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April 06, 2017
THERE’S A GOOD CHANCE you’ve experienced a “microsleep” episode without even realizing it.
Although it’s most common in people suffering from sleep deprivation, microsleep can happen to anyone. Microsleep, also known as micro sleep or micro naps, is a brief period in which the person loses consciousness, going into a sleep-like state. It can last anywhere from a fraction of a second to 30 seconds or more, with an average duration of four to five seconds. Essentially, you “nod off” or lose focus before snapping back to wakefulness. Many people think they’ve just “zoned out” when in reality, they have experienced micro sleep. Micro sleep is often an indicator of insufficient sleep or poor sleep quality, and it can have dire consequences.
Inadequate sleep is more widespread than most people realize: according to a 2009 study, up to 45 percent of adults report having unintentionally fallen asleep, and more than seven percent of respondents ages 25 to 35 reported that they had fallen asleep while driving.
Those are among the reasons that inadequate sleep has been deemed a public health crisis by the CDC, so researchers are invested in learning more about the causes of sleep disorders, like micro sleep, as well as how to prevent them.
Because sleep is a biological necessity, the brain will find some way to compensate if it’s not getting enough. One way it does this is through “forced naps,” or microsleep. Researchers found reduced brain wave activity, consistent with what occurs during normal sleep, in the thalamus of sleep-deprived volunteers experiencing microsleep episodes.
Micro sleep and other manifestations of excessive daytime sleepiness are almost always indicators of an underlying condition. The leading culprit is sleep apnea, which affects up to 15 million people. Sleep apnea greatly reduces sleep quality by causing dozens to hundreds of brief sleep interruptions each night. People with sleep apnea stop breathing for short periods, causing them to awaken abruptly. Most people quickly fall asleep after each episode and may not even realize they’ve awoken. They believe they’re getting adequate sleep each night, but in reality, their sleep cycles are severely disrupted. The other leading cause of micro sleep is insomnia, which itself is usually due to an underlying medical cause.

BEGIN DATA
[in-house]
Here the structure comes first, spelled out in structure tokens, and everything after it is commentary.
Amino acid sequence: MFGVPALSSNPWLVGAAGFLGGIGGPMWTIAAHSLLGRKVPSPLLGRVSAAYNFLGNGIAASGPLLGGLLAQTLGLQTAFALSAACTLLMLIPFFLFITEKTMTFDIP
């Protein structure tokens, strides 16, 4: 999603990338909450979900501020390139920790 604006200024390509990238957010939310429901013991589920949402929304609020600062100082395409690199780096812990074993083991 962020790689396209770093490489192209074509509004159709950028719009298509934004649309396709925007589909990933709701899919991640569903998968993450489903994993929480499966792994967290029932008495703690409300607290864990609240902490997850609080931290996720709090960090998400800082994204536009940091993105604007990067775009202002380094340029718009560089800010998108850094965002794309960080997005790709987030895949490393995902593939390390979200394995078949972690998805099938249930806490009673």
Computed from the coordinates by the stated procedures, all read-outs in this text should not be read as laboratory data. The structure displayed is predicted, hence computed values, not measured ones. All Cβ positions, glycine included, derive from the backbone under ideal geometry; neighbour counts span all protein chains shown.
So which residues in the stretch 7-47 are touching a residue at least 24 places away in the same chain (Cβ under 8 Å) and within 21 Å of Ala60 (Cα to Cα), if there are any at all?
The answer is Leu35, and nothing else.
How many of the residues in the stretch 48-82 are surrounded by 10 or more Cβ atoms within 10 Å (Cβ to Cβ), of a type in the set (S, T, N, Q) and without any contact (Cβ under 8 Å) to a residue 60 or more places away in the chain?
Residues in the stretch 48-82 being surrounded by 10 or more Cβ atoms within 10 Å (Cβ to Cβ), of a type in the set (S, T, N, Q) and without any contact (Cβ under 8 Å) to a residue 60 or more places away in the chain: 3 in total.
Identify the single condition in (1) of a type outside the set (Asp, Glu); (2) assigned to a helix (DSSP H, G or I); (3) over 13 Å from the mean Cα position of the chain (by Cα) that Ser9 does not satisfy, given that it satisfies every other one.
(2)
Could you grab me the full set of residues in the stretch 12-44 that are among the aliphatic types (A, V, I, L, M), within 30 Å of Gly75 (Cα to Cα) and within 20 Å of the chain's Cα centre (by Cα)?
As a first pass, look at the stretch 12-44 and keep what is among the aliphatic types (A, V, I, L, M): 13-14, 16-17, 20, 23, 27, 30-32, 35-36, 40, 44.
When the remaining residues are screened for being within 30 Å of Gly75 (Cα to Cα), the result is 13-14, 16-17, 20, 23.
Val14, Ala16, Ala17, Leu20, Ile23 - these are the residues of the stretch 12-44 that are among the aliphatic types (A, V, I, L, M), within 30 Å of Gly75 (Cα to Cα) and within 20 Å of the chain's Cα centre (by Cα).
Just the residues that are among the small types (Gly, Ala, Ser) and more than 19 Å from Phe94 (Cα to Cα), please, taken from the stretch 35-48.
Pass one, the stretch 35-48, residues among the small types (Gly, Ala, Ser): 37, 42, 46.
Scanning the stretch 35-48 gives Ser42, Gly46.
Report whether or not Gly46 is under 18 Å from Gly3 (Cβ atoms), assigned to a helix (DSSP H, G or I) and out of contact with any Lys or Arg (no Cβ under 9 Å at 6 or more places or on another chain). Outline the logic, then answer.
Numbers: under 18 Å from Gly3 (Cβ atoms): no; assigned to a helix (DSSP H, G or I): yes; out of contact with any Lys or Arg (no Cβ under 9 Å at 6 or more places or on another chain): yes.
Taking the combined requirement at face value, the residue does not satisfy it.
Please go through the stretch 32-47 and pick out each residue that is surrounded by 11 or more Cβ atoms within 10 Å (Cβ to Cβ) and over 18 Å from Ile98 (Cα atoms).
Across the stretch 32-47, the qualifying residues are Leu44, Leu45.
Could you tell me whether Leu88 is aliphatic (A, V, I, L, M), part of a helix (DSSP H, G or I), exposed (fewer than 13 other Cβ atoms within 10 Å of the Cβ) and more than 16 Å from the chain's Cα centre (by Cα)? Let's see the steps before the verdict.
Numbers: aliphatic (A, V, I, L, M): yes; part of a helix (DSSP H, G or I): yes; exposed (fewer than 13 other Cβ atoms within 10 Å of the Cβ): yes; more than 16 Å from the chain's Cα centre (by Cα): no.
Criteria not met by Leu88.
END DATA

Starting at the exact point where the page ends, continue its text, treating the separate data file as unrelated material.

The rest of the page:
Microsleep can occur during monotonous activities, like listening to a boring lecture, in which case it’s relatively harmless. However, this manifestation of drowsiness has a dark side. Microsleep is often the culprit behind sleep-related car accidents and it accounts for two to three percent of all fatal car accidents. Microsleep has also been implicated in a range of serious work-related accidents; it may have been the cause behind the 2003 Waterfall train disaster, the 2009 AirFrance Flight 447 crash, and even the Chernobyl nuclear reactor accident in 1986.
If you find yourself feeling drowsy behind the wheel, get off the road as soon as possible. Pull over for a brief nap (in a safe location such as a police-patrolled rest stop) or ask someone else to drive if that’s an option. Caffeine and energy drinks offer a possible short-term fix for drowsiness, but don’t rely on them for long periods of time. The National Sleep Foundation offers several other drowsy driving tips plus information on how to tell if you’re too tired to drive.
If you suffer from microsleep or other types of daytime sleepiness, see your doctor to learn more about potential underlying causes, such as insomnia and sleep apnea. Treating the disorder that’s causing your daytime sleepiness will allow you to get a healthy amount of quality sleep each night, eventually eliminating your microsleep problem.